—Thirteen public safety officials from across metro Atlanta recently completed an intensive leadership training program equipping them to better serve their community in times of crisis.
On April 21, Mercer University's College of Continuing and Professional Studies honored the first graduates of its Public Safety Leadership Institute (PSLI), a 16-month program designed specifically for public safety leaders.
"This is a proud moment for Mercer," said Thomas E. Kail, dean of the College of Continuing and Professional Studies. "Through the Institute, Mercer University contributes to the development of an important group of professionals."
Students in the PSLI program meet for a five-day period every other month and on selected Saturdays. Students can earn academic credit or continuing education certificates by enrolling in PSLI. The program is endorsed by the Georgia Association of Chiefs of Police, Georgia Sheriff's Association Inc. and the Georgia Peace Officers Standards and Training Council.
The 13 graduates came from a cross-section of public safety divisions. Among those who completed the program were a Georgia State Patrol major, a Fulton County Police deputy chief and a Fayette County emergency management program. Art Williams, who was instrumental in the development of the PSLI at Mercer, said attracting students from a variety of public safety backgrounds is an important part of the PSLI. In times of tragedy like the World Trade Center Attacks on Sept. 11, 2001, collaboration between various public safety groups is essential for the safety of citizens, Williams noted.
The unique PSLI curriculum emphasizes collaboration. Unlike other public safety leadership programs, which are geared toward law enforcement officers, Mercer's PSLI is applicable to people in all areas of public safety—from police chiefs to parole officers to fire fighters to paramedics.
Pete Nelms, who serves as the Emergency Management Coordinator for Fayette County Fire Department, was in the first graduating class of the PSLI. "This is a good program because they teach topics beneficial to all types of public safety workers."
Among the subjects PSLI covered were budgeting, technology, management techniques and ethics. Students also receive special homeland security training and earn a homeland security certificate.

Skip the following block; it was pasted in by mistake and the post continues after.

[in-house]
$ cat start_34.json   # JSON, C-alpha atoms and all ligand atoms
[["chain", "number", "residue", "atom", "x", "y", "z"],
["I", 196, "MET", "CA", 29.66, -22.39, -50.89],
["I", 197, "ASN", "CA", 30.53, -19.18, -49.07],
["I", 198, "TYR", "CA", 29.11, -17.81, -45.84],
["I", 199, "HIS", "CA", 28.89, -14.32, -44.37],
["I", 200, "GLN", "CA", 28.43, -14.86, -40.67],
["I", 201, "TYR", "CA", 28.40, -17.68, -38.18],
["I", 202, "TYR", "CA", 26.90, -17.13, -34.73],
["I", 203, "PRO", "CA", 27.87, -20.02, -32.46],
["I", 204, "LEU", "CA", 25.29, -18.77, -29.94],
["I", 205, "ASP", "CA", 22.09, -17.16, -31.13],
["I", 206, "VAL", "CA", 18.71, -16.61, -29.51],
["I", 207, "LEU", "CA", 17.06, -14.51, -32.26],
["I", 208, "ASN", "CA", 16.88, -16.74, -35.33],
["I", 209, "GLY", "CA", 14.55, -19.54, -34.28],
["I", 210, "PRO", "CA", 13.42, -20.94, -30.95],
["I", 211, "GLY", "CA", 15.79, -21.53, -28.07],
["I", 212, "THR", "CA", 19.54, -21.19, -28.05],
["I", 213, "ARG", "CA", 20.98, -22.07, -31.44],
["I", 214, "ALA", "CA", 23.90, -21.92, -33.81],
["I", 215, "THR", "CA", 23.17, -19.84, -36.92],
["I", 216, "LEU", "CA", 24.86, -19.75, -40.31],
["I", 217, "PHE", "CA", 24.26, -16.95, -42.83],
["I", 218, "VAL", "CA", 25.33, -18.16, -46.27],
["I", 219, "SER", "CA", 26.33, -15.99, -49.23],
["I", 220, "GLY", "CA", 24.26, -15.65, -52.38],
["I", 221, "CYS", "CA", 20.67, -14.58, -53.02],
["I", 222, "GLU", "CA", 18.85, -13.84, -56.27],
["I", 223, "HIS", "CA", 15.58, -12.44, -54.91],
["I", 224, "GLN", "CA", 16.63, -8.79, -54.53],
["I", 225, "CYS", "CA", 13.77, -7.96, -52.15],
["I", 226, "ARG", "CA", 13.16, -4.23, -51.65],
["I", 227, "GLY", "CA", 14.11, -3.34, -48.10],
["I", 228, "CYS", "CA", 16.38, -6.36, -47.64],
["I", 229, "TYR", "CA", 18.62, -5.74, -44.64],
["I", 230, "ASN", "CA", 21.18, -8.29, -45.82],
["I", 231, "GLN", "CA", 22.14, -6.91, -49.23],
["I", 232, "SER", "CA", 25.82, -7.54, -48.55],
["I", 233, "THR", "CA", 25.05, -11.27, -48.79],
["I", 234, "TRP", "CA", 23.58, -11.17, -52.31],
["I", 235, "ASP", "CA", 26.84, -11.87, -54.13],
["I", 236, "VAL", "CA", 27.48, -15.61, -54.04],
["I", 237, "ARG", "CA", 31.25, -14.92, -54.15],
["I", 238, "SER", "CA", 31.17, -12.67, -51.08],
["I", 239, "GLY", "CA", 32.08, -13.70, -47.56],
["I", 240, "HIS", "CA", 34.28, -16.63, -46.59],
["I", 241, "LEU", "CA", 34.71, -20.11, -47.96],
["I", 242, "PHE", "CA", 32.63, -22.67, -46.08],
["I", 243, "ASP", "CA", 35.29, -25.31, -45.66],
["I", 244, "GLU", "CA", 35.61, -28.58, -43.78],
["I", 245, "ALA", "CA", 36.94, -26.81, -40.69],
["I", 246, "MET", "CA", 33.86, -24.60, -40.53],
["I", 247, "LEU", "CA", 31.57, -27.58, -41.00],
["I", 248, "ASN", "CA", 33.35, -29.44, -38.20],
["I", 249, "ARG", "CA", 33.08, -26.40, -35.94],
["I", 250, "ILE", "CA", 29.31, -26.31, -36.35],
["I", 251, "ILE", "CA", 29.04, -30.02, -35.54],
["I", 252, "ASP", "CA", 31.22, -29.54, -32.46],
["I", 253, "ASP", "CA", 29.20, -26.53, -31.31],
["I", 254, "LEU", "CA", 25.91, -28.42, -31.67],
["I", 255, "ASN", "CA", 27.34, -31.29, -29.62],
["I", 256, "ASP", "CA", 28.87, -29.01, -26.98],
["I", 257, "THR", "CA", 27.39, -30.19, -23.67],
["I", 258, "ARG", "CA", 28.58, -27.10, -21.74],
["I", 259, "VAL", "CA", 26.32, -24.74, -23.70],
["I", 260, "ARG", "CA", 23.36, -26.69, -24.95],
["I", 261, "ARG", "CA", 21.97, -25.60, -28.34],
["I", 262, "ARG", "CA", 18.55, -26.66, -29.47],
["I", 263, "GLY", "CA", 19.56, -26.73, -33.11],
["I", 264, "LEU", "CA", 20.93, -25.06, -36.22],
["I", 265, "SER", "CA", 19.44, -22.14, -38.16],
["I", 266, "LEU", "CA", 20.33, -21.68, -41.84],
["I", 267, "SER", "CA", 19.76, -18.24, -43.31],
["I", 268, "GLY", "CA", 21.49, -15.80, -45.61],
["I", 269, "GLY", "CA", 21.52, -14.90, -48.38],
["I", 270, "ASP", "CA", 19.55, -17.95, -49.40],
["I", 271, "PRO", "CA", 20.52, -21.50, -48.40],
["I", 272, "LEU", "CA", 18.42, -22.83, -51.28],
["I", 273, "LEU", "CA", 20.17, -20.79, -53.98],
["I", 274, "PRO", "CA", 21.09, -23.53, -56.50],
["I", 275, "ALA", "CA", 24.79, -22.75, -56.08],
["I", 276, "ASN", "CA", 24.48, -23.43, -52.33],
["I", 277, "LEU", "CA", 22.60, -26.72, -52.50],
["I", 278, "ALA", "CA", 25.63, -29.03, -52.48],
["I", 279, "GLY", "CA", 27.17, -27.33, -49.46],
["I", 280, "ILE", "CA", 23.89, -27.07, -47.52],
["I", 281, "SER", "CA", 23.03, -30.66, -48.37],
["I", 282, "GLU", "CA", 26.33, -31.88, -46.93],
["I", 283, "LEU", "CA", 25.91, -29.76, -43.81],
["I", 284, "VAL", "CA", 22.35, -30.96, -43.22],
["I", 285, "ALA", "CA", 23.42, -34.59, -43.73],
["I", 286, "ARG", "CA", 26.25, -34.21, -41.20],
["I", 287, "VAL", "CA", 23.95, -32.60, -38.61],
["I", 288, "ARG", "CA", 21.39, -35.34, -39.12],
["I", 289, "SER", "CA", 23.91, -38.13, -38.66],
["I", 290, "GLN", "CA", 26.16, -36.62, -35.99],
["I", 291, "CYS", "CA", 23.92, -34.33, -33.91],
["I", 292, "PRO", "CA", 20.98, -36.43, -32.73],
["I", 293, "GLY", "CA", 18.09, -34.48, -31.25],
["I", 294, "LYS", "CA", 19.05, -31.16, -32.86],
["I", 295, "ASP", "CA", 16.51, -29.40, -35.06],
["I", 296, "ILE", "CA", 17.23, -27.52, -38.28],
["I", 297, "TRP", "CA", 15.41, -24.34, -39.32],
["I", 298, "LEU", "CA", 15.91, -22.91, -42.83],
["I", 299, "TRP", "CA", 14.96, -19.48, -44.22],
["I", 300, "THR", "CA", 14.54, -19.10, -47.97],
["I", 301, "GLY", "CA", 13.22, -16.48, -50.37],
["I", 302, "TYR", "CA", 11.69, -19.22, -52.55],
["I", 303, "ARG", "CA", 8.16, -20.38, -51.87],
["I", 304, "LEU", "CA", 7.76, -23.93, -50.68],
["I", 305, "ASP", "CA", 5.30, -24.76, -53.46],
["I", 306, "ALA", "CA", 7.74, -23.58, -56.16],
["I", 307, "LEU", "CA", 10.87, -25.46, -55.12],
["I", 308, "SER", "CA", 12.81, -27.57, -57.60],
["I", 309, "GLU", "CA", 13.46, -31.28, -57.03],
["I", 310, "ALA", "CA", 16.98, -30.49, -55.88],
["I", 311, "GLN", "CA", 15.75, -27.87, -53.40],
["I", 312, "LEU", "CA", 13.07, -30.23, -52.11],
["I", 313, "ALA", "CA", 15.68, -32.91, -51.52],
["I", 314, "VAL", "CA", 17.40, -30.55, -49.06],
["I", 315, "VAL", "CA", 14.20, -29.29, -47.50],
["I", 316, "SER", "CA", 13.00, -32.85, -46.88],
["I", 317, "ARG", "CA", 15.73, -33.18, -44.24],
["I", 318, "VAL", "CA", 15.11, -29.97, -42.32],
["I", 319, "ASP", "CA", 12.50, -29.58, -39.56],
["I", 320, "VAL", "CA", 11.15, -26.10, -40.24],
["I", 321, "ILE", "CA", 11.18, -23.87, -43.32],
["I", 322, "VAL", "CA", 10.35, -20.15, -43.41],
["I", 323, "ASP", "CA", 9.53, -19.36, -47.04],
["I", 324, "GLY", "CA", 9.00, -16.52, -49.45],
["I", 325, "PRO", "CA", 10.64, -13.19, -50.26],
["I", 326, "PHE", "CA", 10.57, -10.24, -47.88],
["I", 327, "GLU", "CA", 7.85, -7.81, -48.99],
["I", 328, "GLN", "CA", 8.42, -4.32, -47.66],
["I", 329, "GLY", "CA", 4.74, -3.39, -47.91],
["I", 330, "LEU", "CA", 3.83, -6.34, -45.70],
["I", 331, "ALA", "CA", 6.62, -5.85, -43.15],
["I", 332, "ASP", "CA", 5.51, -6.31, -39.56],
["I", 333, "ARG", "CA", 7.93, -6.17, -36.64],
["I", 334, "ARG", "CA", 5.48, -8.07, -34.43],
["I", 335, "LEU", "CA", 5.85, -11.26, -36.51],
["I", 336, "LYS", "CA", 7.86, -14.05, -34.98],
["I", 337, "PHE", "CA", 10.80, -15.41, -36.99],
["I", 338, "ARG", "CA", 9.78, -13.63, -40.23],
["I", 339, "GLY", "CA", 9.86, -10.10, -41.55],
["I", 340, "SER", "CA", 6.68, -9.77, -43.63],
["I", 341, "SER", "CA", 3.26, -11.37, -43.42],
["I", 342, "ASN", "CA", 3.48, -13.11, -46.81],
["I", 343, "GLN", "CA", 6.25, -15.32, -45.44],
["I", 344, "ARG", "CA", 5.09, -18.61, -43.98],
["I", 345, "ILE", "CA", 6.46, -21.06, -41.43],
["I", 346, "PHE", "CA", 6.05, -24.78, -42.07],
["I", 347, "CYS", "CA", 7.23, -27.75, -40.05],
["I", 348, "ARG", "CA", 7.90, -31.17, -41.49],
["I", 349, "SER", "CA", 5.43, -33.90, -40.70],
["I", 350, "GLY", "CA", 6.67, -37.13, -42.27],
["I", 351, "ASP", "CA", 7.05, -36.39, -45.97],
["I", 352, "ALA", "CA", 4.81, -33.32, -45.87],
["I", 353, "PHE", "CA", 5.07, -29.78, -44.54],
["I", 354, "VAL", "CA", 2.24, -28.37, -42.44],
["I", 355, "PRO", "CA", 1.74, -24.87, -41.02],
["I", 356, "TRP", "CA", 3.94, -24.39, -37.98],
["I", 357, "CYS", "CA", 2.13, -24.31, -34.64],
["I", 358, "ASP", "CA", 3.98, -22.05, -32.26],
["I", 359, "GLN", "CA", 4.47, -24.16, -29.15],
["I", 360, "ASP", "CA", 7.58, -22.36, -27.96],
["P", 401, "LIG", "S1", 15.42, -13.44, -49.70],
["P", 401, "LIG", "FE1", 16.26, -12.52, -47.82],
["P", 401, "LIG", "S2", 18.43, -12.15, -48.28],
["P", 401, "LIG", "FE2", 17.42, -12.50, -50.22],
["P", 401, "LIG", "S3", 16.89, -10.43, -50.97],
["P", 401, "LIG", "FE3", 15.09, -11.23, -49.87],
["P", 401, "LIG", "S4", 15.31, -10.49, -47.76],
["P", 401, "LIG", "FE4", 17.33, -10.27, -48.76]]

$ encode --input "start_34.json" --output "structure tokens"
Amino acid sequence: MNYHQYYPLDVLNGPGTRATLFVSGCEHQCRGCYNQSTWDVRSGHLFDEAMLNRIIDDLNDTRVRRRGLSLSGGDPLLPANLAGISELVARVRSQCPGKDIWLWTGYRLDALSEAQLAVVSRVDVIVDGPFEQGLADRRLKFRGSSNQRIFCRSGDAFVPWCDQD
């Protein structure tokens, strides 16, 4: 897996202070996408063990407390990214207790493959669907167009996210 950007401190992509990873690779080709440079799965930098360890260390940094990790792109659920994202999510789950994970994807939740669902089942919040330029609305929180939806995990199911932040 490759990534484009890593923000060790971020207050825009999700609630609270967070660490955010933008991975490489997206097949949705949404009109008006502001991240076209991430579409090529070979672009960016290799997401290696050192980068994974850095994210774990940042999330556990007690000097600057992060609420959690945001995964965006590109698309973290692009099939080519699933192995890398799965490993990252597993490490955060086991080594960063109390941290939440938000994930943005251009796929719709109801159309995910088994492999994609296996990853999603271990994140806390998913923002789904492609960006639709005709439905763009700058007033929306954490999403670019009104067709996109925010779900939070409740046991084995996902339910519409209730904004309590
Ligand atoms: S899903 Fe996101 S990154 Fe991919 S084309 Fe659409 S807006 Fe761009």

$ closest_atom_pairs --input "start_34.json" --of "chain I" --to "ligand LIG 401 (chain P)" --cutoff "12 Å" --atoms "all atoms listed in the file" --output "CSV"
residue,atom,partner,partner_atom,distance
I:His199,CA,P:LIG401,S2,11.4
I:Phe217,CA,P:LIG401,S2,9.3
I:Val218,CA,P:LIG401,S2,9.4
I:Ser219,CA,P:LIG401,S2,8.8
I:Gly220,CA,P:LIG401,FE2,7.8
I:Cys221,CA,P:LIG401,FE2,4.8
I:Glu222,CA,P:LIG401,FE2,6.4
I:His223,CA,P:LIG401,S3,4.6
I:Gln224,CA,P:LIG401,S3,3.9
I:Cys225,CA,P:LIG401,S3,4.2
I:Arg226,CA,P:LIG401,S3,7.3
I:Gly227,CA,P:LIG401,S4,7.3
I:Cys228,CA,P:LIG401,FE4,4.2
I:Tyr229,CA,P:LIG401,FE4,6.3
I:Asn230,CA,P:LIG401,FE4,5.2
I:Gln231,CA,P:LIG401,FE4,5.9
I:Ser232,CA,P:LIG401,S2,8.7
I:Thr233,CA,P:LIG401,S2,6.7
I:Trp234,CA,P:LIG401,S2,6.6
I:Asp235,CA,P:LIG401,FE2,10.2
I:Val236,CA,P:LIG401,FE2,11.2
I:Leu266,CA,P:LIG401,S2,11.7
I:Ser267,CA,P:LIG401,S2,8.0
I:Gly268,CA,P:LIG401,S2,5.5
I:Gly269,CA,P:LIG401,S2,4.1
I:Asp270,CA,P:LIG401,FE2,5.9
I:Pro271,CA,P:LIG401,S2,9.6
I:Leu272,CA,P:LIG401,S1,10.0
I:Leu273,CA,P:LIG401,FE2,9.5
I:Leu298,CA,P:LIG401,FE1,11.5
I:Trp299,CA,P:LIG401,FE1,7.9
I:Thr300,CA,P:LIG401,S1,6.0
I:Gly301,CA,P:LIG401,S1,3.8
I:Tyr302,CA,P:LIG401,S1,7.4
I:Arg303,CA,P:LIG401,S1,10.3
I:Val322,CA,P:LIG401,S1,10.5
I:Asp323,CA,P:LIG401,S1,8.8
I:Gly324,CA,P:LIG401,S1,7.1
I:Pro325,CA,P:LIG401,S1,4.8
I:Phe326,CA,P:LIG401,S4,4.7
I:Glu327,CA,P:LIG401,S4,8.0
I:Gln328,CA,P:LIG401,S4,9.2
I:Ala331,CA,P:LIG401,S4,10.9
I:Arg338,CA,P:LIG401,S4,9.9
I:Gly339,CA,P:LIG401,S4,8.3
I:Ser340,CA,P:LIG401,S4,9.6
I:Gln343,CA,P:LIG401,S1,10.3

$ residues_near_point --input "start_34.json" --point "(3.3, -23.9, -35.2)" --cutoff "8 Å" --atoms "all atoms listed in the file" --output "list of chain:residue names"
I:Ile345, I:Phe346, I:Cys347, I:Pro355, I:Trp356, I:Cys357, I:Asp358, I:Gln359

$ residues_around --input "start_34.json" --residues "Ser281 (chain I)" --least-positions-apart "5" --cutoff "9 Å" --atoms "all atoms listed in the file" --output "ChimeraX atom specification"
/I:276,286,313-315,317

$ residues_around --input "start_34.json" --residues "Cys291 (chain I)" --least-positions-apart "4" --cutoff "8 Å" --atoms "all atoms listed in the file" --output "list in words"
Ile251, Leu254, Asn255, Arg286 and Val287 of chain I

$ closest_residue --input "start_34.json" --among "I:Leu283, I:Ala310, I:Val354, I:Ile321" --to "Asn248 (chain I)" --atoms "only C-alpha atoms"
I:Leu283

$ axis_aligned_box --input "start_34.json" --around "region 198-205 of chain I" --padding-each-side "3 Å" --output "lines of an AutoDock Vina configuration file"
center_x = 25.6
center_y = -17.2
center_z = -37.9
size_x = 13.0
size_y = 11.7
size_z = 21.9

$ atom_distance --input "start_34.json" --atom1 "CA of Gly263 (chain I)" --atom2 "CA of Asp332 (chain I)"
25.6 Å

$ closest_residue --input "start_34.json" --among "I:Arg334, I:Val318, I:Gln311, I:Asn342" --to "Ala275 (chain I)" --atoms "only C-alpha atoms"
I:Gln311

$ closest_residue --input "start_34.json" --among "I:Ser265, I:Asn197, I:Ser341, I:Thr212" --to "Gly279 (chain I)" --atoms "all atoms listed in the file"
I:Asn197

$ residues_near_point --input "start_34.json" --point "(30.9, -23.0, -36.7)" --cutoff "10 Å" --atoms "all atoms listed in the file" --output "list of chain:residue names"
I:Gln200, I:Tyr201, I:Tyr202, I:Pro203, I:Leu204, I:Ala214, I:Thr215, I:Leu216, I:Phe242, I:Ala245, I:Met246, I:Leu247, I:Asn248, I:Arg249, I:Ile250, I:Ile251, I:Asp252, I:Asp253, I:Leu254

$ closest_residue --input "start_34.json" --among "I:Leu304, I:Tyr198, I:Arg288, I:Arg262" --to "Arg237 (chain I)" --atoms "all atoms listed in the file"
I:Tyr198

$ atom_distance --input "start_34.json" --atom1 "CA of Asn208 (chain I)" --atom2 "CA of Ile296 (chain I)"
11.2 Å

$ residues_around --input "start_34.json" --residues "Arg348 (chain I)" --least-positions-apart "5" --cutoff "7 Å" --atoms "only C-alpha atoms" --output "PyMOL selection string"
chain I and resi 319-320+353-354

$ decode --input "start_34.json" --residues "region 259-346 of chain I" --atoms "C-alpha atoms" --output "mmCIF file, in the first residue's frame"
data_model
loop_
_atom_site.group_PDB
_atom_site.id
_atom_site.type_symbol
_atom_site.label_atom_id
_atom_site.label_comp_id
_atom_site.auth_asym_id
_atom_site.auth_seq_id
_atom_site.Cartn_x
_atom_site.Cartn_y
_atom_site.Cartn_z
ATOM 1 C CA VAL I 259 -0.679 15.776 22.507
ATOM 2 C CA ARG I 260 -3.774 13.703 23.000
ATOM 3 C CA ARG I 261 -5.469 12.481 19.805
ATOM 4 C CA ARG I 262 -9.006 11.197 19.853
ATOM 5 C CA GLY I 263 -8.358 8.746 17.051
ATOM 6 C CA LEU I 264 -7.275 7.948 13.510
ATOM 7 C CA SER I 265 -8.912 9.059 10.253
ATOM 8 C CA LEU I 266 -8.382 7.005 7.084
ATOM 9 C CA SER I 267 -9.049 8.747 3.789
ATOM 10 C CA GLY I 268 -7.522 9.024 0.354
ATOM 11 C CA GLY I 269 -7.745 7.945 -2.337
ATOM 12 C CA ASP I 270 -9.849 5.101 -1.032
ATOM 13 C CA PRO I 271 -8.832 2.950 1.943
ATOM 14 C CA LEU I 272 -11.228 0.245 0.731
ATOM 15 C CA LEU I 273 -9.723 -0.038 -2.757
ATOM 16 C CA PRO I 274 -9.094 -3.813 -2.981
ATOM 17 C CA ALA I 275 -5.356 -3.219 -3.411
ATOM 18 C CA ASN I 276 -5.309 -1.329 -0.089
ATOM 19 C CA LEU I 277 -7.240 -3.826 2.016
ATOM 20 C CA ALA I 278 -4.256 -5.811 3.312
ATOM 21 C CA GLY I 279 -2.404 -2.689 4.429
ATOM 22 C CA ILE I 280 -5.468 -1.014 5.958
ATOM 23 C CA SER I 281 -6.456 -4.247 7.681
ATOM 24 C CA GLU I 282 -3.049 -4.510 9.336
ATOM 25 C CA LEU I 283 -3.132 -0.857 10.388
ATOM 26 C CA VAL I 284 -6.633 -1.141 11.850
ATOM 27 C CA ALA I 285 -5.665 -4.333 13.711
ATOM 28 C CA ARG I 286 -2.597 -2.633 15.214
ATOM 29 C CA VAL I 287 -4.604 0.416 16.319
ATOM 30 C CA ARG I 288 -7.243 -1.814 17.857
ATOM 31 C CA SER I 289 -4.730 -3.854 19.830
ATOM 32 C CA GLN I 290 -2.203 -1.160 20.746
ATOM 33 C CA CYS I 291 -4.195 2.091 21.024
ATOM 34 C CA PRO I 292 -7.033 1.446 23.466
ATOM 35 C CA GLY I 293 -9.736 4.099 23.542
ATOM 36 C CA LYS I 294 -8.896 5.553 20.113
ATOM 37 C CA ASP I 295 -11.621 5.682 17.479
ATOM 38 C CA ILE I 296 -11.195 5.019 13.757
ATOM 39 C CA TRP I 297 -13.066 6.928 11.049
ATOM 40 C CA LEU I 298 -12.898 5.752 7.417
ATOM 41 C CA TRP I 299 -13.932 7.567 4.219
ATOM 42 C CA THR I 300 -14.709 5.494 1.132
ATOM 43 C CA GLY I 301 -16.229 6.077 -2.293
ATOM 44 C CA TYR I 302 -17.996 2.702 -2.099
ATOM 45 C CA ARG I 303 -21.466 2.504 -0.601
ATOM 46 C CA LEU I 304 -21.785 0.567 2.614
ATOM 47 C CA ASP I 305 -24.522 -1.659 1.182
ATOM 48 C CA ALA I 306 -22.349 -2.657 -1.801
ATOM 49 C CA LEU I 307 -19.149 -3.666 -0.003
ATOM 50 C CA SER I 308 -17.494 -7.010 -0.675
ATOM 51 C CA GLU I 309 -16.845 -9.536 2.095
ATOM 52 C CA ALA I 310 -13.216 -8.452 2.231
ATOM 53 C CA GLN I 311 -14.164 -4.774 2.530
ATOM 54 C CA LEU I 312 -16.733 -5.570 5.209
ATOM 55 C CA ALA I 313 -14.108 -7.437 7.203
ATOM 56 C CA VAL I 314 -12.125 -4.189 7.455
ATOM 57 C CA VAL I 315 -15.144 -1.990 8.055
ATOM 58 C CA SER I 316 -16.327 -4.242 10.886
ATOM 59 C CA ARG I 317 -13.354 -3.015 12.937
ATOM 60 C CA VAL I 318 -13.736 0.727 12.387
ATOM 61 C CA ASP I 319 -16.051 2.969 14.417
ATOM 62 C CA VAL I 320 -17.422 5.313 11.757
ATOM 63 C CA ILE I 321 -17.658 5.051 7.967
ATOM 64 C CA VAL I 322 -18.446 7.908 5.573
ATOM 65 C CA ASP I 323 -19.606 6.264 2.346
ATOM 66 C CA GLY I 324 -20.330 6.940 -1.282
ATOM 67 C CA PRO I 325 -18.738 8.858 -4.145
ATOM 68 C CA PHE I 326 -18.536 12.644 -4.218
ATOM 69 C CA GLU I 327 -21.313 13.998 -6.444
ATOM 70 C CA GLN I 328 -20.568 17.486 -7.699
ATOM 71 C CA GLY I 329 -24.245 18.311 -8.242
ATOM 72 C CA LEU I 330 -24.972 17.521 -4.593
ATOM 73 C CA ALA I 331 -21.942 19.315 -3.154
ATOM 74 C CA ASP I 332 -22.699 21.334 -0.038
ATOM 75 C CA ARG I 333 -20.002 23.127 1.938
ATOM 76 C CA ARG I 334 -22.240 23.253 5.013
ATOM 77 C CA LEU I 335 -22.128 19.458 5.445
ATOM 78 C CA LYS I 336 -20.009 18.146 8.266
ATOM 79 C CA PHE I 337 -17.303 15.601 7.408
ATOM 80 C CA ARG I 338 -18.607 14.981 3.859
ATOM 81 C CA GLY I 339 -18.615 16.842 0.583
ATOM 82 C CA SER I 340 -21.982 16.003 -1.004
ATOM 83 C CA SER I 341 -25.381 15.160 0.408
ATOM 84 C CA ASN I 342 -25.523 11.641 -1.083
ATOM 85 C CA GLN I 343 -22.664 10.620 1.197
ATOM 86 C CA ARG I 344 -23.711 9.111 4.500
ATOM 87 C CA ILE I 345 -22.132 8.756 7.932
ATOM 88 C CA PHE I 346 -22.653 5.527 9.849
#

"The goal of the program is to equip public safety executives with the knowledge and skills they need, with a strong emphasis on ethics and professionalism, to literally become the most knowledgeable public safety leaders," said Anthony Korey, PSLI program coordinator and retired director of public safety training for Georgia.
"This has been an empowering process," said Lt. Reginald B. Scandrett of the Dekalb County Sheriff's Department. "Through PSLI, we learned in order to be effective leaders we must embrace accountability, responsibility and knowledge. Having completed the program, I feel the community is now in great hands."
In the first PSLI graduating class were Lt. Ronald A. Applin of the Fulton County Sheriff's Department; Sgt. Chris Cain of the Covington City Police Department; Sgt. William Hughes of the Hapeville Police Dept.; Deputy Chief James A McCarthy IV of the Fulton County Police Department; Chief Michael McCain of the Stone Mountain Police Department; Lt. Albert P. Moseley of the Fulton County Sheriff's Department; Sgt. Terry L. Mulkey Jr. of the Atlanta Police Department; Capt. Peter D. Nelms of the Fayette County Emergency Management Agency; Maj. Oliver T. Norton of the Georgia State Patrol; Lt. Reginald Scandrett of the Dekalb County Sheriff's Office; Capt. Gary D. Stiles of the Fulton County Police Department; Lt. Donna Marie Webb of the Douglas County Sheriff's Office; and Lt. Clayton Scott Worthan of the Douglas County Sheriff's Office.